The Senate Appropriations Committee released all 12 of its annual appropriations bills for fiscal year (FY) 2021, which would fund the government for the fiscal year that began on October 1, 2020. The government is currently operating under a continuing resolution that expires on December 11 (see COSSA’s previous coverage). The House released all of its annual appropriations bills in July and passed 10 of them (see COSSA’s analysis). The Senate Appropriations Committee is not planning to consider the bills; rather, they will be used as a starting point for negotiations with House appropriators as both chambers attempt to reach an agreement to fund the government ahead of the December 11 deadline.

COSSA members can expect to receive COSSA’s full analysis of the Senate’s funding proposals for social science agencies in their inboxes later this week. You can ensure you are receiving COSSA’s members-only emails by filling out this form.

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Posted in Issue 22 (November 10), Update, Volume 39 (2020)

FY 2021 Begins Under a CR; COVID Relief Negotiations Up in the Air

Federal fiscal year (FY) 2021 officially began on October 1. As previously reported, Congress passed a continuing resolution (CR) last month keeping the government operating past the November elections until December 11; the President has since signed the CR into law. What this means for FY 2021 science funding is unknown. The lame-duck Congress will return after the election and may attempt to finalize FY 2021 spending, or pass another CR kicking the responsibility to the next Congress that will be seated in January. The fate of funding largely lies in the outcome of the Congressional and Presidential elections and which party will hold the majority in Congress and the White House come January. You can follow COSSA’s coverage of FY 2021 science funding, including actions taken to date, on our website.

In other news, negotiations on the next round of COVID-19 relief have all but fallen apart, with the President calling on his surrogates to end negotiations with Congress until after the elections, and then reversing course and urging passage of a large relief package. Democrats and Republicans remain at odds over the amount of supplemental funding needed, signaling that a deal before the November elections is unlikely. You can follow COSSA’s COVID-19 coverage on our website.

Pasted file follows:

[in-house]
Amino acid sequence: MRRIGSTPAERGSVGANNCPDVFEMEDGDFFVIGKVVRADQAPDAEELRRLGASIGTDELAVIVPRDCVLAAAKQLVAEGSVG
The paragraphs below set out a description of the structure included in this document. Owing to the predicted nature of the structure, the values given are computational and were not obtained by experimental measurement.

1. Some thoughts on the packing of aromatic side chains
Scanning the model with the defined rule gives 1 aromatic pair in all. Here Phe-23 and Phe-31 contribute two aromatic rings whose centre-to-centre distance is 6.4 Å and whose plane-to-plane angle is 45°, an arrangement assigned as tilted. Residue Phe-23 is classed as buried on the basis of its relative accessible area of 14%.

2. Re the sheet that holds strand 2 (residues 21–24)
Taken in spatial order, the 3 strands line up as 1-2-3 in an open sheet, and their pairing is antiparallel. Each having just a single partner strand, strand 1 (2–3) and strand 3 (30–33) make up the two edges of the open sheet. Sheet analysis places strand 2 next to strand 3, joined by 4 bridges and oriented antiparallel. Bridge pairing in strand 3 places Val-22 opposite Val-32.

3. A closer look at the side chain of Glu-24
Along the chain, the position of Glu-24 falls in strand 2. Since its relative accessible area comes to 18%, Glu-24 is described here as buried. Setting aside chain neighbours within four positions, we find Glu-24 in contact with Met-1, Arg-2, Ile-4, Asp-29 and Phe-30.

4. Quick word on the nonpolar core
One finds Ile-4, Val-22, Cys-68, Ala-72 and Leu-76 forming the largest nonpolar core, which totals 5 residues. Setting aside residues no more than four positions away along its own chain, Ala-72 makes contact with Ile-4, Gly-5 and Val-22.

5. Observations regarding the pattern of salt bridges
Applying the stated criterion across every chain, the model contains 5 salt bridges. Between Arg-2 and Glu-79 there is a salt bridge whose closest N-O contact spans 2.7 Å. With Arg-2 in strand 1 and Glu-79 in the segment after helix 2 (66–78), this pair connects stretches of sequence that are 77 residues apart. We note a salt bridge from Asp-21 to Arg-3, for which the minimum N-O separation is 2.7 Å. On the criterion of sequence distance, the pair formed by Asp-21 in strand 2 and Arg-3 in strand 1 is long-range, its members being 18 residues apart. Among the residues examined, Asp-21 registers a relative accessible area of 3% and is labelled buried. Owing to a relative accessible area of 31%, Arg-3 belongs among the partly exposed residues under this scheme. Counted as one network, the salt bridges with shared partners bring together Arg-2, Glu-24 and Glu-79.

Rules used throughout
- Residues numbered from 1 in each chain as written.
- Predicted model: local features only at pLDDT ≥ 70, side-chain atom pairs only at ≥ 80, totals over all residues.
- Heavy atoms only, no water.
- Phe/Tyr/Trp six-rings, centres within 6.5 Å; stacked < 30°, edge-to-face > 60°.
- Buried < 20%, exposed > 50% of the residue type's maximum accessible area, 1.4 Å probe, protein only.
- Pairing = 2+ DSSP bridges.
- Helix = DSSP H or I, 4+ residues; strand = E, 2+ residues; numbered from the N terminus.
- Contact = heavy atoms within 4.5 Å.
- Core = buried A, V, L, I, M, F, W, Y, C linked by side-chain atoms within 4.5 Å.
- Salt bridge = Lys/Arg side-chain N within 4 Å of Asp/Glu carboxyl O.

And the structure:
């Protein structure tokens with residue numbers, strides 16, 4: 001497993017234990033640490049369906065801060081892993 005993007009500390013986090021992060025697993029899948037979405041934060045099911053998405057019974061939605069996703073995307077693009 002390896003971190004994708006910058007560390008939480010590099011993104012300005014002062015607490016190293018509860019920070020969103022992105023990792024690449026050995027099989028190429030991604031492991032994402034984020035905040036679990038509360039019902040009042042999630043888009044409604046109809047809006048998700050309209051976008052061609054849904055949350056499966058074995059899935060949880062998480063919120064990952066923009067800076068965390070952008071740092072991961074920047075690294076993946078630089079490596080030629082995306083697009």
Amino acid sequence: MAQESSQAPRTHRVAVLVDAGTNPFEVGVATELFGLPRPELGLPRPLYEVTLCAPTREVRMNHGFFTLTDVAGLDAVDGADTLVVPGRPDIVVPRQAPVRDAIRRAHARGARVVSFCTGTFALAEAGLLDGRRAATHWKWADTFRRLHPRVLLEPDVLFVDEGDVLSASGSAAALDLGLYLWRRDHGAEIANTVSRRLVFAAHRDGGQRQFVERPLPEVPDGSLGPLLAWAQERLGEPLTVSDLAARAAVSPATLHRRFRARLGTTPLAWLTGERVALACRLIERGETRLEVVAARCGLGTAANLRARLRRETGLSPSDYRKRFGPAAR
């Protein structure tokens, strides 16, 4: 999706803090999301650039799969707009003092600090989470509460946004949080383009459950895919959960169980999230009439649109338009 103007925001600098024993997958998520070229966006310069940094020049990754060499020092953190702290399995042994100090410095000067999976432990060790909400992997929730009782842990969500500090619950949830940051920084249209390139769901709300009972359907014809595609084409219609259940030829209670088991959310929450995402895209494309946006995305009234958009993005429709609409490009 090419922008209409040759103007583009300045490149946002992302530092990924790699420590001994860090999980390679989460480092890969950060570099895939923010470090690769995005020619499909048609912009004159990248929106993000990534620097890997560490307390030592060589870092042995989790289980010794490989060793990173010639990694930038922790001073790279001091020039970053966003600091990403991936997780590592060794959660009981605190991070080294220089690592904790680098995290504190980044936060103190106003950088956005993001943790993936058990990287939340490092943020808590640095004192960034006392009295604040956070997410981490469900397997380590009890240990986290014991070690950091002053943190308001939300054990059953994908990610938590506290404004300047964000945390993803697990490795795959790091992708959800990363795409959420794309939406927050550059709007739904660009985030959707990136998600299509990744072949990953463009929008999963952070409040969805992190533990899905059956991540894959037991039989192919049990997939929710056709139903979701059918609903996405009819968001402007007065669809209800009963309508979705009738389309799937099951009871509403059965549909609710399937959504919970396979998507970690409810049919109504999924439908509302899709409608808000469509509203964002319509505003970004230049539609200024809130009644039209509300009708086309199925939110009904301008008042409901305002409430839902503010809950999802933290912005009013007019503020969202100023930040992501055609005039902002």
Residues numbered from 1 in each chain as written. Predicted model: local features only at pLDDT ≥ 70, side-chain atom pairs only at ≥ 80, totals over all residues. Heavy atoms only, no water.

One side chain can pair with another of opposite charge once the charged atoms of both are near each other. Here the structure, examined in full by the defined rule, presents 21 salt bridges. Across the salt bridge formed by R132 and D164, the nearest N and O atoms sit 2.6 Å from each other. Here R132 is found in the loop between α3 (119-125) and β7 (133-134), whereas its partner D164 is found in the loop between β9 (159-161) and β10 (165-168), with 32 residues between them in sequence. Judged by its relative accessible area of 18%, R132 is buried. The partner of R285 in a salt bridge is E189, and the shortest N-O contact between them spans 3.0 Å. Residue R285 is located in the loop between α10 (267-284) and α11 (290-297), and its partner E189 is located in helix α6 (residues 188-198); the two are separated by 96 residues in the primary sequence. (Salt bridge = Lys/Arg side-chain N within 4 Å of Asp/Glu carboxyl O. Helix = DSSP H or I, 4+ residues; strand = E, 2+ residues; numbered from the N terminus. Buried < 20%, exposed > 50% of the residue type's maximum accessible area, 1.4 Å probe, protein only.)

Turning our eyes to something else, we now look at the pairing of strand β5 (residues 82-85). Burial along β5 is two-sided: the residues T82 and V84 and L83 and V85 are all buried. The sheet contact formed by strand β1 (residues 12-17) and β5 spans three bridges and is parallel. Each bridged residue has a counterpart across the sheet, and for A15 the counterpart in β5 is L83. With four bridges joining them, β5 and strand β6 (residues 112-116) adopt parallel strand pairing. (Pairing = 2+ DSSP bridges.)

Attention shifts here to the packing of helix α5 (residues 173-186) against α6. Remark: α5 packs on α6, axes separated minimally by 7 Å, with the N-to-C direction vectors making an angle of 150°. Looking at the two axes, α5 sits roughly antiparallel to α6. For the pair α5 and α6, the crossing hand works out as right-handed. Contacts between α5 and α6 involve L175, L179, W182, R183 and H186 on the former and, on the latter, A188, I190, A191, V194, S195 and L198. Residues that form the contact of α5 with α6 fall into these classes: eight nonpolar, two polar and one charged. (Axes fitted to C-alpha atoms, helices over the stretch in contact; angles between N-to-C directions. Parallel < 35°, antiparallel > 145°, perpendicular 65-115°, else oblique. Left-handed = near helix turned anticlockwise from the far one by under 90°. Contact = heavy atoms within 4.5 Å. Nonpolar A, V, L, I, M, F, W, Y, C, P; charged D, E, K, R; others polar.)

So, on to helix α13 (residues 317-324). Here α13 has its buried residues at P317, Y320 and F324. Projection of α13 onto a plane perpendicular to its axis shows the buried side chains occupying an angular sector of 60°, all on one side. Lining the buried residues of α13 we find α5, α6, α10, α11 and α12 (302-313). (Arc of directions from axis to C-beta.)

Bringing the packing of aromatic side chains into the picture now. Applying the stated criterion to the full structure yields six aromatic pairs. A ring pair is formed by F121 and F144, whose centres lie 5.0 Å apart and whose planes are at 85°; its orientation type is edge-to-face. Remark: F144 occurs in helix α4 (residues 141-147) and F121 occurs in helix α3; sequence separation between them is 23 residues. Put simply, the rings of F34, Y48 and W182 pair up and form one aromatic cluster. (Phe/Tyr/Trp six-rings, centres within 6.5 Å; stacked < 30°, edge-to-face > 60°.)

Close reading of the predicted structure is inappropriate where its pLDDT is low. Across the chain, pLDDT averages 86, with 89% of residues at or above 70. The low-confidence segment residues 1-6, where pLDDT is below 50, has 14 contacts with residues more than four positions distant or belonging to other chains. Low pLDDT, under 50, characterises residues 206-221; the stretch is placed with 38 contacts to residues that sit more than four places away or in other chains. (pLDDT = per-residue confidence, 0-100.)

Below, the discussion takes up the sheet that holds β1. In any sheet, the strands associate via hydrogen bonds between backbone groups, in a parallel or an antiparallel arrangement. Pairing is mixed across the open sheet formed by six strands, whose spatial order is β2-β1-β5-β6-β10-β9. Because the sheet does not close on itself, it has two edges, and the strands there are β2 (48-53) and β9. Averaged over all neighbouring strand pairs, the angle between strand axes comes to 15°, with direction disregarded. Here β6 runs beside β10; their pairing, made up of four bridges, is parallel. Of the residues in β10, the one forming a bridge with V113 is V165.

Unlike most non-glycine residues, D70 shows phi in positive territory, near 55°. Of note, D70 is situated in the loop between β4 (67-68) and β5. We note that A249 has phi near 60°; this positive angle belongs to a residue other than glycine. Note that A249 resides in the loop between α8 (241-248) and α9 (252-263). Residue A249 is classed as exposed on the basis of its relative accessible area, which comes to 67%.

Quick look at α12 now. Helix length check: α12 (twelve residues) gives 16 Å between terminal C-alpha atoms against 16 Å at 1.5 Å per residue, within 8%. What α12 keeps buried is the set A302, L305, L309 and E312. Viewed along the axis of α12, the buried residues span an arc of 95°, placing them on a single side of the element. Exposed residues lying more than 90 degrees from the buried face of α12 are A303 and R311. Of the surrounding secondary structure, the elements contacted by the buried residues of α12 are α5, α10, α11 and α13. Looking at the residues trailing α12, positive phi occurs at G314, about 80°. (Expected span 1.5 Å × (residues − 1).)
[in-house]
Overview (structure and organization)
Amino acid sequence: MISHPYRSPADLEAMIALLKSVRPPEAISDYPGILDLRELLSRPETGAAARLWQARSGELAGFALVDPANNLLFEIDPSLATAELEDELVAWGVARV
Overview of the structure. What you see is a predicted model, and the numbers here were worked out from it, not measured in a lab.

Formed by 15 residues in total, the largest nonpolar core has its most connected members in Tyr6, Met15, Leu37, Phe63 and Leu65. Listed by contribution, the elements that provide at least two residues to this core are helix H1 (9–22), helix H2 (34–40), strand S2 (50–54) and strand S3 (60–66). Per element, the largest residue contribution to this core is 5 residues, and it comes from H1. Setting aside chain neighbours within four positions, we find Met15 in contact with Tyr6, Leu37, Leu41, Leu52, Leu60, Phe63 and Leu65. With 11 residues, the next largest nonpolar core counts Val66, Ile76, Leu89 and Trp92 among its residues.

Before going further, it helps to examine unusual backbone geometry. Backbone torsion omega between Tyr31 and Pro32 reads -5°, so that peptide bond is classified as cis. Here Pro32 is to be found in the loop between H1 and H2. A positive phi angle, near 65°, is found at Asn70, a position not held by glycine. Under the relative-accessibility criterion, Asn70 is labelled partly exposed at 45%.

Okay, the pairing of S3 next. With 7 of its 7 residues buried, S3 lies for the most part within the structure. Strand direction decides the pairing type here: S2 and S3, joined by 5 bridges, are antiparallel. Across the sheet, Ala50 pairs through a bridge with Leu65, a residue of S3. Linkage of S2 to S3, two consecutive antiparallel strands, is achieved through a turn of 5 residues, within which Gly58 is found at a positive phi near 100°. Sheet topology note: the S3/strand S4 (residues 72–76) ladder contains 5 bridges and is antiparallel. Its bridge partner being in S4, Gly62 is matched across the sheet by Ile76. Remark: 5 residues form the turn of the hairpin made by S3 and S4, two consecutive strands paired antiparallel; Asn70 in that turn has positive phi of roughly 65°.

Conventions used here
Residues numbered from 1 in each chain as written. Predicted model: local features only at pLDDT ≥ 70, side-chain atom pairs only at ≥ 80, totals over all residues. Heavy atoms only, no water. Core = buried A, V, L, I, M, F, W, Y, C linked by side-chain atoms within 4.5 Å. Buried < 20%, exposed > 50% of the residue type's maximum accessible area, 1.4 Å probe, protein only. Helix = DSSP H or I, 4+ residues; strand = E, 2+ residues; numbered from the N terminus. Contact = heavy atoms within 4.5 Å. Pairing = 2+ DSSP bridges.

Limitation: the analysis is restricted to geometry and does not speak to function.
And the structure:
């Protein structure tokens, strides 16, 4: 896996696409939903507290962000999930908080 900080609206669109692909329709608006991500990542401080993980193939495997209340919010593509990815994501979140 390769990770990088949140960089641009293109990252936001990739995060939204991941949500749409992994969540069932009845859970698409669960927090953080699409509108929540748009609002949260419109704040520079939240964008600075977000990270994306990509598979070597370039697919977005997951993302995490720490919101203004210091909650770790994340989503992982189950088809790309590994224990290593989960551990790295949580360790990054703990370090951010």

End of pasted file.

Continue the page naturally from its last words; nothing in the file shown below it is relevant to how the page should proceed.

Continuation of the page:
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Posted in Issue 20 (October 13), Update, Volume 39 (2020)

Congress Likely Averts Government Shutdown, CR through December 11

On September 22, the House of Representatives struck a deal to keep the government operating into the new fiscal year that begins on October 1. The Senate is expected to pass the measure this week, sending it to the President before fiscal year (FY) 2020 ends on September 30. None of the twelve appropriations bills for FY 2021 have been enacted to date, although as previously reported, the House passed its versions back in July (see COSSA’s coverage).

Congressional leaders are also attempting a last-ditch effort this week to find compromise on a COVID-19 relief package. House Democrats released a slimmed-down version of its Heroes Act to restart discussions; however, there remains little hope that agreement will be made before lawmakers leave for the campaign trail in the coming days.

Finally, 54 Members of the House of Representatives sent a letter to Speaker Nancy Pelosi and Minority Leader Kevin McCarthy last week urging $3 billion in emergency relief for the National Science Foundation in the next COVID-19 package. The revised Heroes Act noted earlier does not currently include this funding.

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Posted in Issue 19 (September 29), Update, Volume 39 (2020)

Fate of FY 2021 Funding and Coronavirus Relief in Limbo as Congress Returns

Lawmakers return from summer recess next week, leaving only 16 working days to act on funding legislation before fiscal year (FY) 2021 begins on October 1. As previously reported, the House passed its version of the FY 2021 appropriations bills in July, while the Senate has yet to release details of its bills. It is a near certainty that FY 2021 will begin under a continuing resolution (CR). Since it is an election year—one with major potential funding consequences—history suggests that a shorter CR will be enacted to keep the government running through the November elections. The next steps after that will depend heavily on the outcome of the election and which party will be controlling the House, Senate and White House beginning in January. Should there be a change in administration and/or party majority in one or both chambers of Congress, it is common for appropriations bills to be tabled until the new year to allow the new party in power to control the process.